The report paints the usual distorted picture of a society eating away at its land mass through development, when in fact Americans occupy just 4.3 percent of the nation’s land area. Pew chooses an absurd trend line to predict a nearly 40 percent increase in America’s developed acreage over the next 22 years.
The report’s sharpest barbs are saved for America’s growing aquiculture industry, which threatens to improve the health of humans worldwide by supplying the globe with more animal protein at more reasonable prices than ever before.
Before making 31 recommendations for the command-and-control of our nation’s ocean territories, the Pew report sugar-coats its intentions with this lovely paragraph.
To achieve and maintain healthy ecosystems requires that we change our perspective and extend an ethic of stewardship and responsibility toward the oceans. Most importantly, we must treat our oceans as a public trust. The oceans are a vast public domain that is vitally important to our environmental and economic security as a nation. The public has entrusted the government with the stewardship of our oceans, and the government should exercise its authority with a broad sense of responsibility toward all citizens and their long-term interests.
Is that not gorgeous rhetoric? Maybe that is a third reason to get this book: to appreciate the brilliance of the devious socialist mind!
Among the worst recommendations of the report you will find the following:
- “As part of a National Ocean Policy Act Congress should establish regional ocean ecosystems councils consisting of appropriate federal, state, and tribal representatives. These councils should be charged with developing and overseeing implementation of enforceable regional ocean governance plans to carry out national policy to protect, maintain, and restore marine ecosystems.”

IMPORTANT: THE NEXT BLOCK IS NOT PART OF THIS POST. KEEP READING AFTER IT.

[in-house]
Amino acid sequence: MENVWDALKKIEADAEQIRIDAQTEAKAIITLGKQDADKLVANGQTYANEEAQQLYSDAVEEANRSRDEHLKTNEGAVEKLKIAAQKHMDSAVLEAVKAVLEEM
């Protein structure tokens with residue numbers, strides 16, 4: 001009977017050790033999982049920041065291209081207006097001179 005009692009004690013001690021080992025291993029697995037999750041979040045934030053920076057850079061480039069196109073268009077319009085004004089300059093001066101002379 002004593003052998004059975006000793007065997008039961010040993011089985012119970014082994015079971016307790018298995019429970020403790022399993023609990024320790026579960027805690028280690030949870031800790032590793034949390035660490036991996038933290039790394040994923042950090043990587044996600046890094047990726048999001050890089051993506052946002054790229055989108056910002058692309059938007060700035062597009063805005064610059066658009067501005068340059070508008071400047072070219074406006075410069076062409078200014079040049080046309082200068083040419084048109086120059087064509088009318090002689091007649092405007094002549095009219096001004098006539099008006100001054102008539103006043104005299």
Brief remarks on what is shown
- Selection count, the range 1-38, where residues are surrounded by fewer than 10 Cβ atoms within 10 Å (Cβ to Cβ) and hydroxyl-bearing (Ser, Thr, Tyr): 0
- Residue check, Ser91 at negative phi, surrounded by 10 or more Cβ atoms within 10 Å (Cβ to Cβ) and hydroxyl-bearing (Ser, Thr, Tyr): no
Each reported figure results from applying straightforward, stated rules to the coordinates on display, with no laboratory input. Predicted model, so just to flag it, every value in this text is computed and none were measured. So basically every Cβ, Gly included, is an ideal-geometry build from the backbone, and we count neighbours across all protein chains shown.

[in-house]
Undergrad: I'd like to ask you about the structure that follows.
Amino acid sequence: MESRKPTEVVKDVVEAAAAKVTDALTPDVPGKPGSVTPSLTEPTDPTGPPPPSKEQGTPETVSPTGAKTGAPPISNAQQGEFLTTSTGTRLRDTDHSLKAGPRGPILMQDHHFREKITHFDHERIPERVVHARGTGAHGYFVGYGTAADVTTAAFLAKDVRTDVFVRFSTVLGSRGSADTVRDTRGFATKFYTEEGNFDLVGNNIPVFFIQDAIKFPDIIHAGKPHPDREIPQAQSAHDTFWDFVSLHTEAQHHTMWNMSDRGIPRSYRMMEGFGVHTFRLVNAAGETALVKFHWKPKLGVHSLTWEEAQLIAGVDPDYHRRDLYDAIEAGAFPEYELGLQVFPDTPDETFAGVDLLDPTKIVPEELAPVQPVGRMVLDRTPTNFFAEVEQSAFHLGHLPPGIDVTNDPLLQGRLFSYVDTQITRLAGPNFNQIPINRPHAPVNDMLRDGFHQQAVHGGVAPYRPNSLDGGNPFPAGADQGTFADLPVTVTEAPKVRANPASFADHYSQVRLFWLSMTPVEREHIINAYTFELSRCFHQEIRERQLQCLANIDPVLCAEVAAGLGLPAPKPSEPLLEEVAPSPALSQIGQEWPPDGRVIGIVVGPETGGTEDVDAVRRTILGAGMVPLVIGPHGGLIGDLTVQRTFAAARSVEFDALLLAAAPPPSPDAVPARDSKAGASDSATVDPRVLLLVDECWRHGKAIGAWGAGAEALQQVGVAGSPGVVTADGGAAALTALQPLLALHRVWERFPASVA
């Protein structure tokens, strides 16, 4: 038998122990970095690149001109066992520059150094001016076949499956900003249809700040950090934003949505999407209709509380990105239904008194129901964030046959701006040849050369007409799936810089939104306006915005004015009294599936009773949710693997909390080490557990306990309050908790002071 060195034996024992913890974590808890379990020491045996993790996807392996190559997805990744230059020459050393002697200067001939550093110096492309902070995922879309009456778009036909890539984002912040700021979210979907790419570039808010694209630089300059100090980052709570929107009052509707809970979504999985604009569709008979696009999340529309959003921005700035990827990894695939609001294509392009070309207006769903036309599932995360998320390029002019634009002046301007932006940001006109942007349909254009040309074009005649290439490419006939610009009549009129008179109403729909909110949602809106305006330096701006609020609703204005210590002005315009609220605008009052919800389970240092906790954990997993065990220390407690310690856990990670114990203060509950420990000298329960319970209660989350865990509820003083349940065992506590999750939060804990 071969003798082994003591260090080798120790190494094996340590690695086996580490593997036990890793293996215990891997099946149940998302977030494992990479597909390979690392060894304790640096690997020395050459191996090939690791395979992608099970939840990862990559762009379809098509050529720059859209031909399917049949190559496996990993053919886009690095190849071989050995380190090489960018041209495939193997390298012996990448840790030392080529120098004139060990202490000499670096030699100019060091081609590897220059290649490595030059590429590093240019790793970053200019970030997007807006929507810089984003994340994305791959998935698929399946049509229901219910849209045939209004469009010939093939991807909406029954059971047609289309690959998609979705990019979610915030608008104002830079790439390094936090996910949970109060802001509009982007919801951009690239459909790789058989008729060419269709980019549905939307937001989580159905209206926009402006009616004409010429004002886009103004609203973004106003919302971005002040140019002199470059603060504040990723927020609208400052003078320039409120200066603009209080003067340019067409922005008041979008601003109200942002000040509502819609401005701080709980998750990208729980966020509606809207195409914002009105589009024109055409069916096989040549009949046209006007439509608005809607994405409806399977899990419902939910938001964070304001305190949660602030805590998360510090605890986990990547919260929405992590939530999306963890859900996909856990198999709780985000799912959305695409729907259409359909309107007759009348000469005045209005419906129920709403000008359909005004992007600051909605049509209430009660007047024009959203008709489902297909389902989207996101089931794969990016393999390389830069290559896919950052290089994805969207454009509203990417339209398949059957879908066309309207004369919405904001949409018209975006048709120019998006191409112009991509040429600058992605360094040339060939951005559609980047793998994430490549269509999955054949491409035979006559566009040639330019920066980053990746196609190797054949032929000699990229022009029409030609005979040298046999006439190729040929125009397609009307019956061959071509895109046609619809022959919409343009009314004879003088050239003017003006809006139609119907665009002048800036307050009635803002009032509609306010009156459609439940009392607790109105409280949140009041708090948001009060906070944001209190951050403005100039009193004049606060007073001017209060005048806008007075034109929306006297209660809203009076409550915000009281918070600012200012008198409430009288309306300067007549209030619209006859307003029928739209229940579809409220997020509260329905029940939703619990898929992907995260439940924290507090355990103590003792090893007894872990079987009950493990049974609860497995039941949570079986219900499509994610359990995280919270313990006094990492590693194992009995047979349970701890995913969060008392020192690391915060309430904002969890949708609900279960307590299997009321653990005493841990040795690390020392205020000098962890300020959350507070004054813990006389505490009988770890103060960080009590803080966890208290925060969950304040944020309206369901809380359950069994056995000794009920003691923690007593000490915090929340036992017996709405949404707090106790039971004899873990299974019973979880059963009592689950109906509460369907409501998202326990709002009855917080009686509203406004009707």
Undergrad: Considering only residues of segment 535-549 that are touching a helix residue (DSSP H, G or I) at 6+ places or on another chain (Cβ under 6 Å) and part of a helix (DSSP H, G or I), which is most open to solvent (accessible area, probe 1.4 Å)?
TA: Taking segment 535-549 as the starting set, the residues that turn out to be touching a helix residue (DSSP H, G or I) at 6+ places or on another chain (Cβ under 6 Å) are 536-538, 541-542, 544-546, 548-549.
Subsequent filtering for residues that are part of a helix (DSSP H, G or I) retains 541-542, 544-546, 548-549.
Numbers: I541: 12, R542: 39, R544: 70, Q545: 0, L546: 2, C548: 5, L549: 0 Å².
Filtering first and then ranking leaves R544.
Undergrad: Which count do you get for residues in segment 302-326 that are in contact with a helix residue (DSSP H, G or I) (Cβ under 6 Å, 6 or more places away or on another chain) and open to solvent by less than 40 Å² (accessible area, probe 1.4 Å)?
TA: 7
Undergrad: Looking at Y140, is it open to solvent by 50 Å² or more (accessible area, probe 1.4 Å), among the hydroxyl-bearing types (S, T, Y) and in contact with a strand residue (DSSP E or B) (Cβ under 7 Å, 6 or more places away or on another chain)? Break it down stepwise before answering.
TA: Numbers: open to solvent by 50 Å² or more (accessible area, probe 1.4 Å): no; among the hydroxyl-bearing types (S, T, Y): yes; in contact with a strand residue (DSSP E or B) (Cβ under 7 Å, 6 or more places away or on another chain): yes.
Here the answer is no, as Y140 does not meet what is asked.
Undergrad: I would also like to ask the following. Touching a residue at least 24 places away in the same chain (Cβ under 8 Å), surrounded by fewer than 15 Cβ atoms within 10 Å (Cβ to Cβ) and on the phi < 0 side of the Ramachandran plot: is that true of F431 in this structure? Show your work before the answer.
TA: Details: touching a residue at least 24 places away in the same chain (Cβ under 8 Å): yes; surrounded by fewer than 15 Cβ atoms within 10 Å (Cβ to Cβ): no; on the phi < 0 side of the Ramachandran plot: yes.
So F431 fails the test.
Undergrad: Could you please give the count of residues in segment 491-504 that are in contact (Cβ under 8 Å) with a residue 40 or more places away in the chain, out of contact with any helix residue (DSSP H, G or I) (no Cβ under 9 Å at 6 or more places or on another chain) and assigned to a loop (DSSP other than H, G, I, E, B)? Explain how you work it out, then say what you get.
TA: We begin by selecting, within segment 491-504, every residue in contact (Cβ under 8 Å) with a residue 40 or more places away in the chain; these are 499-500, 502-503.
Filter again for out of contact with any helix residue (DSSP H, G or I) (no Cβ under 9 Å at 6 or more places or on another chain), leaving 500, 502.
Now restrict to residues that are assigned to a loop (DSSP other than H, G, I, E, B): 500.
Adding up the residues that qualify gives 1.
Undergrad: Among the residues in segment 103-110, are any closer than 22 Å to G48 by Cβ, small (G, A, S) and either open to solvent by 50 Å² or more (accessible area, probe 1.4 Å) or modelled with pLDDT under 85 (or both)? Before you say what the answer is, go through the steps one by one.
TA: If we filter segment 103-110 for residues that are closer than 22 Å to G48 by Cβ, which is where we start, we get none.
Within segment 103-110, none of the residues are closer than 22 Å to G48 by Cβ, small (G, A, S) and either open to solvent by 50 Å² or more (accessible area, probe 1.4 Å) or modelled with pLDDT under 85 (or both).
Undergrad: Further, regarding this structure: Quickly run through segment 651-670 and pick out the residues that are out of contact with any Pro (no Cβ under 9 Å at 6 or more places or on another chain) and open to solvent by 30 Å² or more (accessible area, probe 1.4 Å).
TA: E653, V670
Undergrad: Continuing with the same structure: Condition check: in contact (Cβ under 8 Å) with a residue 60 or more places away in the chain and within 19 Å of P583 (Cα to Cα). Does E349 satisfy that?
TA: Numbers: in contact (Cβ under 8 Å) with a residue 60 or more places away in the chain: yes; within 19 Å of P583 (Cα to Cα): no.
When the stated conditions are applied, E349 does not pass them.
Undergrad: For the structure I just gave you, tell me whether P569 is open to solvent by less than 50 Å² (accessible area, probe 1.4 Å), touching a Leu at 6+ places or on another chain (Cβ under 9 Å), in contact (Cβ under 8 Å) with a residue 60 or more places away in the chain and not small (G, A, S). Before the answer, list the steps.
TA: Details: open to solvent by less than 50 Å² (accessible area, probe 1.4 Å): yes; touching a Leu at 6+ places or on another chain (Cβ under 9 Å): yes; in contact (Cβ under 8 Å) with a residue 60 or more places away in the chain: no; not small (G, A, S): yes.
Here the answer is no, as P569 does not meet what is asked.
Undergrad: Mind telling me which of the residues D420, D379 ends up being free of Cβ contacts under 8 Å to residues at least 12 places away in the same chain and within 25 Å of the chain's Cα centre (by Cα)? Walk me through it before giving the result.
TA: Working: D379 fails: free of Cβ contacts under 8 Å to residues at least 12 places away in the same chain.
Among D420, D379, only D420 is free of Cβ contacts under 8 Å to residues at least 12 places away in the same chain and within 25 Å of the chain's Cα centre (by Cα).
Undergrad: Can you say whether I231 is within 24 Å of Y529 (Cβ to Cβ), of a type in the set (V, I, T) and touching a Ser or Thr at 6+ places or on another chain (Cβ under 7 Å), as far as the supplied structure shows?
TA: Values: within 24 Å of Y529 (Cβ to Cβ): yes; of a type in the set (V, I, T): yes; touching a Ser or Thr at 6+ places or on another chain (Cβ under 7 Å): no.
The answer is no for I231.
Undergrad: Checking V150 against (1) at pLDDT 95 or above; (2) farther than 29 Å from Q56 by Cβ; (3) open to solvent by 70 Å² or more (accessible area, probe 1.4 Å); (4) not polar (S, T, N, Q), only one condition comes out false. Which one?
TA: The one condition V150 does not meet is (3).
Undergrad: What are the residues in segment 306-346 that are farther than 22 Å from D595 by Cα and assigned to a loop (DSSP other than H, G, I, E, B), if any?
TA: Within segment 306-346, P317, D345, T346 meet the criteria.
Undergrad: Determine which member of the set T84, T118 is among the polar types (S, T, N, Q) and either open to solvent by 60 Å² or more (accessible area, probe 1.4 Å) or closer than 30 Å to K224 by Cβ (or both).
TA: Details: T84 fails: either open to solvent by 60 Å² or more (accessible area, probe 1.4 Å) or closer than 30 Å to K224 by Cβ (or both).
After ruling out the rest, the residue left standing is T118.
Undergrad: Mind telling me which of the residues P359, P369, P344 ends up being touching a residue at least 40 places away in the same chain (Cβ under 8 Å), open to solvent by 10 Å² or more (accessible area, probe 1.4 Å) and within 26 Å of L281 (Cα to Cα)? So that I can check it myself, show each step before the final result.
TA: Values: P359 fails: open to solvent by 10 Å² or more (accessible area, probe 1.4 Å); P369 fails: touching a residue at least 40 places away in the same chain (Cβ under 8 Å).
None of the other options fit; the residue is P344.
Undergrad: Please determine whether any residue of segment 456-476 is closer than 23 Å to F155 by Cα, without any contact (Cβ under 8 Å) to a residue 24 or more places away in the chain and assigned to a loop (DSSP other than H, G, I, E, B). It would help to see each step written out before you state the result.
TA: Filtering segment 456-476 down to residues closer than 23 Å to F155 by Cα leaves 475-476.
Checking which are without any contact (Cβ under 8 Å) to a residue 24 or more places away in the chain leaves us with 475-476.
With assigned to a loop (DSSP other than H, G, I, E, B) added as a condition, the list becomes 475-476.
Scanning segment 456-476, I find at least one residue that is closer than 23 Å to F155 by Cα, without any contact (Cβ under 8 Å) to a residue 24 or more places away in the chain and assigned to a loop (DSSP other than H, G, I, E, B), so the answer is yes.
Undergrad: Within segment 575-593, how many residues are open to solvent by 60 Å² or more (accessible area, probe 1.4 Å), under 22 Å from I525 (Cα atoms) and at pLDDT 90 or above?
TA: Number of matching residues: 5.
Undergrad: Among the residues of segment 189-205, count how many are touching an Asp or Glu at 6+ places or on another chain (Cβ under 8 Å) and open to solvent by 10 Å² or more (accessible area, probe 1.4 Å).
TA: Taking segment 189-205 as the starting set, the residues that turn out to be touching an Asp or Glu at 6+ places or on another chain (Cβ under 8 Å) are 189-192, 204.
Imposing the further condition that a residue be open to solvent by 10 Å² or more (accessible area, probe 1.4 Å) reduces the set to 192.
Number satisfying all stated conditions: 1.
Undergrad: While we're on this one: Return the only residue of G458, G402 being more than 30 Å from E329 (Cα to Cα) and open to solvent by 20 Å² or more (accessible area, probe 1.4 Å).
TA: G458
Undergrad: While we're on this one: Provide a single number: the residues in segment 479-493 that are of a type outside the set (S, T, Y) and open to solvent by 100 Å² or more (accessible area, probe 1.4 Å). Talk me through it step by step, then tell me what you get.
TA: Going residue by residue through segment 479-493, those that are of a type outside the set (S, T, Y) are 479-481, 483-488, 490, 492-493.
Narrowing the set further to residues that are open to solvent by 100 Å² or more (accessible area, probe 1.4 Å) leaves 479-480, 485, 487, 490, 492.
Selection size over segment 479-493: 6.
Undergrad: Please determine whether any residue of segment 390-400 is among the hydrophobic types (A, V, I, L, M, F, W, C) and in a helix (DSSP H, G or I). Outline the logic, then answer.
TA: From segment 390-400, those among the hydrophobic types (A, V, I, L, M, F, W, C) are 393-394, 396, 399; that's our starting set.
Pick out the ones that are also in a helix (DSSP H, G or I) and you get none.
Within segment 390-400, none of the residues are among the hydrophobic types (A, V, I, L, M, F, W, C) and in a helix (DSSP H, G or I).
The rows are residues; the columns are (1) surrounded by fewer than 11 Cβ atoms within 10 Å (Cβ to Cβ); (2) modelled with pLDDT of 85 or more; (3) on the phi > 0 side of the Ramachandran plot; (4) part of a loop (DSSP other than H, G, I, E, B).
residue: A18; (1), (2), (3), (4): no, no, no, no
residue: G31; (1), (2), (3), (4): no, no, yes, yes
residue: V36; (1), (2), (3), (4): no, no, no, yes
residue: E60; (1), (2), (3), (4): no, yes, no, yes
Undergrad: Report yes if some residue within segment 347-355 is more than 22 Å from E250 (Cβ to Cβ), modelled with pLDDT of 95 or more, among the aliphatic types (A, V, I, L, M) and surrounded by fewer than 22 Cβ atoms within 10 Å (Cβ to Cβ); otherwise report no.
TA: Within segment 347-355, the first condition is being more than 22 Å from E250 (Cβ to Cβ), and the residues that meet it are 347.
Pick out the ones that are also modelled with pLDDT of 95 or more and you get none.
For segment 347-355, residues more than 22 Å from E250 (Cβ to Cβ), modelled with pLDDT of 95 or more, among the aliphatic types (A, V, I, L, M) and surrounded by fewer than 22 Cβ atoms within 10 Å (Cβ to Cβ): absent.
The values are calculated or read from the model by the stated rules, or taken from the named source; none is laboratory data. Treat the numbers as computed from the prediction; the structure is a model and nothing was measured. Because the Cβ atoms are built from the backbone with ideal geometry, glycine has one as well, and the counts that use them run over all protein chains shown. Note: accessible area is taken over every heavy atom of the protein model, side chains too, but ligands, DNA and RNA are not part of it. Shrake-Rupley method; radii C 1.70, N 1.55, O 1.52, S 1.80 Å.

- Implement ecosystem-based planning and marine zoning and regulate the use of fishing gear that is destructive to marine habitat.
- Require bycatch (discarded catch) monitoring and management plans as well as comprehensive access and allocation planning as a condition of fishing.
- Redirect government programs and subsidies away from harmful coastal development.
- Congress should enact legislation to regulate marine aquiculture.
- Reduce fishing capacity where necessary using traditional buyback programs and providing other transition assistance for displaced fishermen and affected communities.
Considered individually, many of these recommendations sound as warm and fuzzy as motherhood and apple pie. Taken together, however, the 31 recommendations would make the oceans of the United States a wholly owned subsidiary of the federal government. Virtually no freedom would be left for an individual citizen to enjoy and employ our ocean resources, even in the most harmless and unobtrusive manner.
There is a parallel in the production of this book to Fatal Harvest, a book I reviewed earlier this year. (See “A Picture Book for Socialist Warriors,” Environment & Climate News, March 2003.) Masquerading as a colorful coffee table book, its intent was to destroy agriculture as we know it and force the world to rely on organic farming–with the resultant starvation of millions, if not billions, of people on our planet. American’s Living Oceans has similar, if not quite as draconian, intentions of depriving society of many of nature’s greatest resources.
Dr. Jay Lehr is science director for The Heartland Institute. His email address is [email protected].